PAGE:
When it comes to video, quality sound is invaluable. But, as it turns out, so are subtitles. According to digiday.com, Facebook hosts “upwards of 8 billion views per day on its platform, but a wide majority of that viewership is happening in silence.” On the whole, modern technology has become very quiet. Most devices rest on silent or vibrate mode, headphones have become so sleek and easy to carry, and BlueTooth headsets are totally commonplace now; especially in the business world.
Additionally, many companies advertise on Facebook – including PopSugar, Mic, and LittleThings – and most of them report 50-85% of their video views occur without sound. As a result, subtitles and captions have become increasingly popular for streaming video; sometimes even necessary.
What’s the difference?
“Captions” and “subtitles” are often used interchangeably, but they actually do refer to different functions.
Subtitles refer strictly to the words spoken. They are used as supplemental information or as a translation in a foreign language film. Meanwhile, Captions refer to Closed Captions, which include all audio; the spoken words, sound effects, music, speaker, and all non-speech elements. Captions are used for viewers who are hearing impaired.
Subtitles come in handy for pre-recorded media, such as movies and television shows, while Captions are more fit for live broadcasts, such as news, sports, and live TV. As a result, Captions appear as white text within a black box, but Subtitles are usually more creative and dynamic in their appearance. However, captions can be “open” (consistently present like subtitles) or “closed” (which offer the choice to select whether you want to see them or hide them entirely).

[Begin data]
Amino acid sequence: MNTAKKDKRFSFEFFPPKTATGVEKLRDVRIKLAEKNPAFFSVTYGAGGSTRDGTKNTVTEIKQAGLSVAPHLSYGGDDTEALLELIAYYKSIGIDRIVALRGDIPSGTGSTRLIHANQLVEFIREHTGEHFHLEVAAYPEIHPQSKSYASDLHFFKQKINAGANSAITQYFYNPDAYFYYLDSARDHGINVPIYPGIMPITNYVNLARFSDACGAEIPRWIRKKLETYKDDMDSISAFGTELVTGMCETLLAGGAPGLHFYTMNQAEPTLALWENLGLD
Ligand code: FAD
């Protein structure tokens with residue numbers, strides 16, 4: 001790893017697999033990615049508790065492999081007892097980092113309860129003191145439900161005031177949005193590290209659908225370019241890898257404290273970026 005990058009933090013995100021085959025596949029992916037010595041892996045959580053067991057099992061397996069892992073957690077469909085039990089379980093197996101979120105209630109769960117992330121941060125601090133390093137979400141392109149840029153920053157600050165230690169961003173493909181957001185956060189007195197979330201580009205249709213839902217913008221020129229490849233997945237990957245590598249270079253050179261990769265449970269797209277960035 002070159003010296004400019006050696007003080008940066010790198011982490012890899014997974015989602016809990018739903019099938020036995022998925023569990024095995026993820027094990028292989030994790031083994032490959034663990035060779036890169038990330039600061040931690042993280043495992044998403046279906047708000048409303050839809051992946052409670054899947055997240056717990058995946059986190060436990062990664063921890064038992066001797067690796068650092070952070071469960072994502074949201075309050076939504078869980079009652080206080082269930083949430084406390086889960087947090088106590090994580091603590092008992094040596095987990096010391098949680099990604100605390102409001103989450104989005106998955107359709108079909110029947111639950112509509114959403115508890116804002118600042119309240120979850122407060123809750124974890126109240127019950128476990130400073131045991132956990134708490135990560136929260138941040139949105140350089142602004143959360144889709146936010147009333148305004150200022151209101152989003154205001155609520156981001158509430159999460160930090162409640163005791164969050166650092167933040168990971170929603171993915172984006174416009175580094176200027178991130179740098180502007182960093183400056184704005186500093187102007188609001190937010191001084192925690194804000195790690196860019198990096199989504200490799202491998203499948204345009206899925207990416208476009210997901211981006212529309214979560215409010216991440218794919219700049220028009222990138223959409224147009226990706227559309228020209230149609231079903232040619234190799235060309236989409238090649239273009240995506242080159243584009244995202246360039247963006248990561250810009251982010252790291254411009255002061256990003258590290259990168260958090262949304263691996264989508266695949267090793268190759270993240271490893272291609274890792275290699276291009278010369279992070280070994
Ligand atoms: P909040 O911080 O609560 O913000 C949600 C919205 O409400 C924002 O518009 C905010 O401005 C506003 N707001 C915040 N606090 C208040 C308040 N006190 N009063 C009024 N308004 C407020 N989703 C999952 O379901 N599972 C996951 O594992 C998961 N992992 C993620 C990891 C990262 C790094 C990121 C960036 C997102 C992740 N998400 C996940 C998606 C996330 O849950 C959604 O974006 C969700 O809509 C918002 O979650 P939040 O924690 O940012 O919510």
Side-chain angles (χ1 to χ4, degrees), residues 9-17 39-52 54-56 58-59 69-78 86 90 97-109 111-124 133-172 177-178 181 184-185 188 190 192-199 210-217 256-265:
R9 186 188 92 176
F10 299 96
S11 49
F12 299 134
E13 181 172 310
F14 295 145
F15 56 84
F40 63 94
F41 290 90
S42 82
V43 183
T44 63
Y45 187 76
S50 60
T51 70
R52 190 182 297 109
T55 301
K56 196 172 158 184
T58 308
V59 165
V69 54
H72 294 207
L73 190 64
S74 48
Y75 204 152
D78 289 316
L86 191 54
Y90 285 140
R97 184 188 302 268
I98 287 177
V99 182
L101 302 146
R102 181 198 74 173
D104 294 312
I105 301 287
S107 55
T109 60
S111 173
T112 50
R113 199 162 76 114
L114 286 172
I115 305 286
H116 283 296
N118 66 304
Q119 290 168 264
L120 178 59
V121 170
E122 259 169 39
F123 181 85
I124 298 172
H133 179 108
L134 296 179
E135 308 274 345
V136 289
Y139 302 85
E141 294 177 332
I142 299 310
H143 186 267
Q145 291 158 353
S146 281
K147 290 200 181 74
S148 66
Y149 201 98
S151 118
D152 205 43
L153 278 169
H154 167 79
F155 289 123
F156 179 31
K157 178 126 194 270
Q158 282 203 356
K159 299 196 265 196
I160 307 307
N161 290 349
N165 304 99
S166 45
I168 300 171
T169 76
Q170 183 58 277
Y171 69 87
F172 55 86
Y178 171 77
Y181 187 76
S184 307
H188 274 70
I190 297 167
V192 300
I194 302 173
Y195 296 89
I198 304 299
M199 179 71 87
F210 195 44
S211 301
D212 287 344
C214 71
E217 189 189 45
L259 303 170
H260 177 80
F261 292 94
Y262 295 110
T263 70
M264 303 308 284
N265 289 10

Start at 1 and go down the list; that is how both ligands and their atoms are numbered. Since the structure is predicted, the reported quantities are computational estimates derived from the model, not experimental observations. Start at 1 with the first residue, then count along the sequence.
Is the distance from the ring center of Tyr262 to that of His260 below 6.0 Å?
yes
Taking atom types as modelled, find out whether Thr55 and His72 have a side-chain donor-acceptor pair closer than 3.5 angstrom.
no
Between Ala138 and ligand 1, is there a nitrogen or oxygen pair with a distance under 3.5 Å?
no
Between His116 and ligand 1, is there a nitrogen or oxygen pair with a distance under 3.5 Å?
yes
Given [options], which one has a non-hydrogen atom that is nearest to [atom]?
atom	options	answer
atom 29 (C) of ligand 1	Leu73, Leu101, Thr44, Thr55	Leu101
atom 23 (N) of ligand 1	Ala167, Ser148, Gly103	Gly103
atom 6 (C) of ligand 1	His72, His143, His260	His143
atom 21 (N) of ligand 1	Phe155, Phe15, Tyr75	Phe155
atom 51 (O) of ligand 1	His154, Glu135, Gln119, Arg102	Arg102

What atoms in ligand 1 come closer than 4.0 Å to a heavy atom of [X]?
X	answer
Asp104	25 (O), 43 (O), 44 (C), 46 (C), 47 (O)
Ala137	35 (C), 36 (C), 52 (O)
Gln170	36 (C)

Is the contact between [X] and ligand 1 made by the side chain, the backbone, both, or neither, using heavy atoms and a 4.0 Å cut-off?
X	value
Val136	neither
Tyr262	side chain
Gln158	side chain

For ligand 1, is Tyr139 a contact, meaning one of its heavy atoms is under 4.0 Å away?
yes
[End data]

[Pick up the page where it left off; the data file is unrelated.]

Subtitles have become commonplace across social media sites; and it’s not hard to see why. Apart from the statistics, consumers “scroll” through content, most of which is set to “auto-play.” They can check their phones and social media platforms in a multitude of places at all hours of the day – and night – which has made the use of subtitles extremely valuable. Just by having the words on-screen, your video becomes infinitely more accessible to any viewer at any place, any time.
And, as statistics go, according to Facebook’s research, “captioning a video increases average video view time by 12%.”
“Adding captions increased watch time by 25%.”
–Robert Cifarelli, Communications Manager, A&W Canada
More Information, More Reach
Sound is critical, but for videos that are largely information based, without subtitles or captions, you’re limited.” . On top of that, a data-heavy video that does NOT use subtitles directly limits you from reaching a deaf viewer. Sometimes a video might be more visual- and music-based, lacking a need for captioning, but those are rare and require tremendous planning in pre-production. When it comes to advertising on social media, you want to cast the biggest net you can, which leads to:
Given that subtitles have become so popular (for good reason) the need has also grown to make them unique; even with auto-play, chances are your viewer still might not stop and scan that first sentence, no matter how brilliantly worded it is. You don’t want to oversell or create animation that is too flashy or amateurish, but a slight pop of animation to your text can help draw attention to your video when it otherwise might get passed over . . . or, rather, scrolled past.
Sound remains a vital component of any video production. Subtitles allows you to grab the attention of a viewer, but once they’ve been impressed by what they see, and you’ve hooked their interest, make sure that they’re impressed with what they hear as well. Because that’s the ultimate goal, right? We want to persuade consumers to watch our videos with sound and/or go exploring other video content on your website.
So definitely consider adding subtitles to your content if you haven’t already!
- 3PlayMedia: Subtitles for the Deaf and Hard of Hearing v. Closed Captions
- Accredited Language Services: Subtitles and Captions: What’s the Difference?
- Facebook: Capture Attention with Updated Features for Video Ads
- Photo by: William Iven on Unsplash
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